“Dear Anne, on behalf of…..School of Osteopathic Medicine, I am proud to offer you admission to the entering class of 2018.”
I don’t think there are any words sufficient to describe the emotions one gets overcome with when reading a sentence like that. But if I were to find the closest words, they would be abundant gratefulness, uncontainable joy, total disbelief, momentary shock, and explosion of excitement. Over a year ago, I posted a blog about medical school rejections and today I cannot believe I am writing about my acceptances. This post is for the hard working pre-med, the second, third, fifth, sixth time applicant, nontraditional student, and all the other dreamers out there. From rock bottom came about fierce determination, endless persistence, and the strongest of faith. I’m here today to tell you that you CAN make your dreams come true as I made mine, you CAN reach your goals as I fought for mine, and you CAN come back from failure as I overcame mine.
The hardest part about being a medical school applicant is the waiting. Waiting years to prepare for the MCAT and get your score, waiting months after submitting your application for interview invites, and then waiting weeks to hear a decision from the schools. It’s no wonder that there are high rates of discouragement, anxiety, and self-doubt for the average pre-med. During my first application cycle, I was constantly checking my e-mails to see if any school wanted to interview me. It drove me absolutely crazy every time I didn’t see a new e-mail or if a new e-mail was just from retail store advertisements. Once I realized that I wasn’t going to medical school, I knew I had to retake my MCAT and start the waiting process all. over. again. Waiting is probably the hardest thing you’ll have to do during this journey to medical school, but I promise you that the wait will be worth it once you finally read the first sentence of your acceptance letter.
Here’s a misconception that pre-meds, myself included, have come to believe: all successful pre-meds are naturally geniuses, they are perfect in everything they do, they actually DO everything, and they have their lives put together. Is this true for some pre-meds? Maybe. Is this true for ALL pre-meds? Absolutely not. How do I know this? Because I could never learn as quickly and easily as the guy/girl next to me in intro to chemistry, I wasn’t awarded star hospital volunteer, and I definitely wasn’t in every single organization on campus. Yes, if you are all of these things that people tend to think of pre-meds, as many of my closest friends are, then I truly admire you and you’ll probably have a high chance of getting into medical school, but reality is that not everyone can be like that, and THAT’S OK. The thing I want to emphasize is grit. Angela Lee Duckworth defined grit as “a passion and perseverance for very long-term goals. It is having stamina and sticking with your future day in and day out…and working really hard to make that future a reality.” Some of us have to work 3X harder than the person next to us to achieve the same goals. Some of us have to read the textbook 2-3 times before we understand the concept whereas others read it once and fully comprehend. Some of us needs tons of practice before we can complete a procedure while others can master it right away. And finally, some of us have to apply many times to medical school before getting accepted. This isn’t to to say that those who learn quickly and easily don’t work hard or struggles at times, but this is to say that those of us on the other end of the spectrum should NOT be discouraged. Rather, embrace your shortcomings and use it to become the best version of yourself that you can be. My own personal definition of grit is working hard, working constantly, and working against all adversity to fulfill your dreams.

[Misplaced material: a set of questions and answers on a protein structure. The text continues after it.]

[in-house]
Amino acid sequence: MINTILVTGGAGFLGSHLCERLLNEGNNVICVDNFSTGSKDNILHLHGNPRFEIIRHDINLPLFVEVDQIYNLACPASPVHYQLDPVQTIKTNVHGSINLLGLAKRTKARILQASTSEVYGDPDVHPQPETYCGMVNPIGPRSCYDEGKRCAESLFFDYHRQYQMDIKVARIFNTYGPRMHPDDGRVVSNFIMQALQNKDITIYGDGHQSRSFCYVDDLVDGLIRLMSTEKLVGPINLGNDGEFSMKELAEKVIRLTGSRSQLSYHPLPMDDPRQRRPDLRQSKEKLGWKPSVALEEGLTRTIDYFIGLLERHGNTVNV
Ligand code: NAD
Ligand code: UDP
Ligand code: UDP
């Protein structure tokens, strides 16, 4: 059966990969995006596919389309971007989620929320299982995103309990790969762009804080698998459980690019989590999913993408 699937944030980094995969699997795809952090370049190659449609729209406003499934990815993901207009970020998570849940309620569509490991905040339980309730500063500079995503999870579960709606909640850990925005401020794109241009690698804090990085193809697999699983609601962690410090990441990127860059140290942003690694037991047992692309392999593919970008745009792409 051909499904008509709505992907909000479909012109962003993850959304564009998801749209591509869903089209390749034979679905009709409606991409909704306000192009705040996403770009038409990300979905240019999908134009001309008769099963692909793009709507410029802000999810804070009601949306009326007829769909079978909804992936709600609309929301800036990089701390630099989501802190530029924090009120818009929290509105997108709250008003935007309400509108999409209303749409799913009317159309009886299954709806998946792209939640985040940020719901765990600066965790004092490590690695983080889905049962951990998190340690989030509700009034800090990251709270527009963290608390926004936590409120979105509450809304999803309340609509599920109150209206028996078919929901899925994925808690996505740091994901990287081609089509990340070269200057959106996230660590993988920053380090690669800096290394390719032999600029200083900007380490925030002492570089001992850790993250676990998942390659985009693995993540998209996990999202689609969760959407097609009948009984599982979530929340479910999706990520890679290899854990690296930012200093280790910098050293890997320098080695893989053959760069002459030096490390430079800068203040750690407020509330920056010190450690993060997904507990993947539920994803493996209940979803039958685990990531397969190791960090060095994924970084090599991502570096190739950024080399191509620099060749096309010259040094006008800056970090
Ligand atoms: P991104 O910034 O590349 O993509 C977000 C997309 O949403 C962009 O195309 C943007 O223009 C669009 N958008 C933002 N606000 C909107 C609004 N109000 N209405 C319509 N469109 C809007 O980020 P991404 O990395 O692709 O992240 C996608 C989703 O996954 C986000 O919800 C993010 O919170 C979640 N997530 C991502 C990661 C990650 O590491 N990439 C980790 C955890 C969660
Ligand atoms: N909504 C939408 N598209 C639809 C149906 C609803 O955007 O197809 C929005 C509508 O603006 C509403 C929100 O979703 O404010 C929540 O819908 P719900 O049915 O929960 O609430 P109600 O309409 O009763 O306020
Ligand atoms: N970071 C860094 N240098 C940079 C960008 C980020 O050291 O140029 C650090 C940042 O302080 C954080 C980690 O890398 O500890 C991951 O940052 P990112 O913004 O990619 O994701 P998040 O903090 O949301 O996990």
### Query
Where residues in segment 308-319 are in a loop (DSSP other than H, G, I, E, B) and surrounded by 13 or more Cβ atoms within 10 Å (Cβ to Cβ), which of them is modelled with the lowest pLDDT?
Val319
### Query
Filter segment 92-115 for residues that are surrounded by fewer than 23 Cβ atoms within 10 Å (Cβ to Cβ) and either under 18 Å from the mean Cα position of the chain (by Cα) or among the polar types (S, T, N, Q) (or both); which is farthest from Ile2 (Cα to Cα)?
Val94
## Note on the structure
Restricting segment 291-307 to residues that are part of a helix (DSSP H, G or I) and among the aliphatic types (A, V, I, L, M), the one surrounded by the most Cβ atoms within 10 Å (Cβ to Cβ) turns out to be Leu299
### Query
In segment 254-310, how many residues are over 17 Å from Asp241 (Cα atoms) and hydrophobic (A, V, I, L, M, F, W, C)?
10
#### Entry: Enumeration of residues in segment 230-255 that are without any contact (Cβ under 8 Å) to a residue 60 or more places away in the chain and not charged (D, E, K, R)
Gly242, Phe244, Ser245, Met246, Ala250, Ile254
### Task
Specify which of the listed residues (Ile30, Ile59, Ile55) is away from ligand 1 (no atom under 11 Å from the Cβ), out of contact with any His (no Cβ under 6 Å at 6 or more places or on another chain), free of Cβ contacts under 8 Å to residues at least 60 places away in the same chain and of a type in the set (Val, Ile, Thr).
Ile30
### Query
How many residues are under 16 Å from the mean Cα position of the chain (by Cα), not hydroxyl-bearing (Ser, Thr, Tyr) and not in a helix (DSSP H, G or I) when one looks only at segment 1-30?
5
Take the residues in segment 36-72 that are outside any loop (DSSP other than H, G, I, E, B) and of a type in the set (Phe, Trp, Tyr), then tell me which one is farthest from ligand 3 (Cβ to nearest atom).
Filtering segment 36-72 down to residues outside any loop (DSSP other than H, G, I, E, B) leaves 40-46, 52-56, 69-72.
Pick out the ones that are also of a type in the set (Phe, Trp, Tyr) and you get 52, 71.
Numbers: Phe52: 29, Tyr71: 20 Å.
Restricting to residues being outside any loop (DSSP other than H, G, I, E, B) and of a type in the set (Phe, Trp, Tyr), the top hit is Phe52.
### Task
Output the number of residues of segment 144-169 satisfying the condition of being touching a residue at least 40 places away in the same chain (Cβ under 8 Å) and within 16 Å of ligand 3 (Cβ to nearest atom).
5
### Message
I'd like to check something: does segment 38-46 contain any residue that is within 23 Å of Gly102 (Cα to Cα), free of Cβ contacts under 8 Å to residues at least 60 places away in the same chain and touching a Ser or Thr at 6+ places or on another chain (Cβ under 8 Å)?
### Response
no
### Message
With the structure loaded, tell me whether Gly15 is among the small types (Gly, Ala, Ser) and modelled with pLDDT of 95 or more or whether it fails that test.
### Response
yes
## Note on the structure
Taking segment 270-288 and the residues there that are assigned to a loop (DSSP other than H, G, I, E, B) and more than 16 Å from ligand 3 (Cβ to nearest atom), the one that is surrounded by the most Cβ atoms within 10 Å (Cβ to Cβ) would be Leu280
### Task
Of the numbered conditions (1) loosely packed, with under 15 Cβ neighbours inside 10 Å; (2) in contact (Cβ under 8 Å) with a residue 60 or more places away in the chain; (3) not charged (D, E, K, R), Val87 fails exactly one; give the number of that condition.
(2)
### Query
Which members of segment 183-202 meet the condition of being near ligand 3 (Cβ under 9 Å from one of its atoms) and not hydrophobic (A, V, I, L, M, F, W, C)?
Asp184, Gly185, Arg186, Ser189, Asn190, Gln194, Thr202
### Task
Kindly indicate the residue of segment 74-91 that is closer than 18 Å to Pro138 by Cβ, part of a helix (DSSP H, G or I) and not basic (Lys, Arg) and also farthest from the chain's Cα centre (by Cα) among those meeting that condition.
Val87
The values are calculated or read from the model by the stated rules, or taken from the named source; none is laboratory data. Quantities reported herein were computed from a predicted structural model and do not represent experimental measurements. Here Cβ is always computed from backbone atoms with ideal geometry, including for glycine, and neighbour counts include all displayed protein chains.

So after all this talk about grit, you can imagine just how important and how much my acceptance letters mean to me. I’ve kept every single acceptance letter in a special place at home to remind myself of the hardships I’ve overcome and of the challenges ahead. I’ve struggled and overcome, and I will constantly do it again on my way to becoming a physician. I’ve struggled with my science courses, I’ve stretched myself too thin to emulate the perfect pre-med only to be overwhelmed and unsuccessful, I’ve been crushed by the MCAT, and I’ve read so many med school rejection letters that I practically memorized them all. And yet, I am about to enter medical school in the fall of 2018. How did I do it? I went to office hours to get help in my classes as well as stayed up late to study, I rethought my priorities to only invested my time in extracurriculars and jobs that I cared about, I took to 2 years to study for and retake the MCAT, and I continued to apply for medical school.
I cannot express to you how grateful I am to be at this point on my life, and if it wasn’t for the grace of God, I couldn’t have persevered and be successful. Don’t give up on your dreams even if it feels utterly impossible. Don’t compare yourself to the next student, but rather compare yourself to how far you came from yesterday. Don’t give up on your goals, but rather give-in to your desire for success. Finally, don’t doubt yourself, but rather believe in your abilities. It’s time to start making our dreams our realities.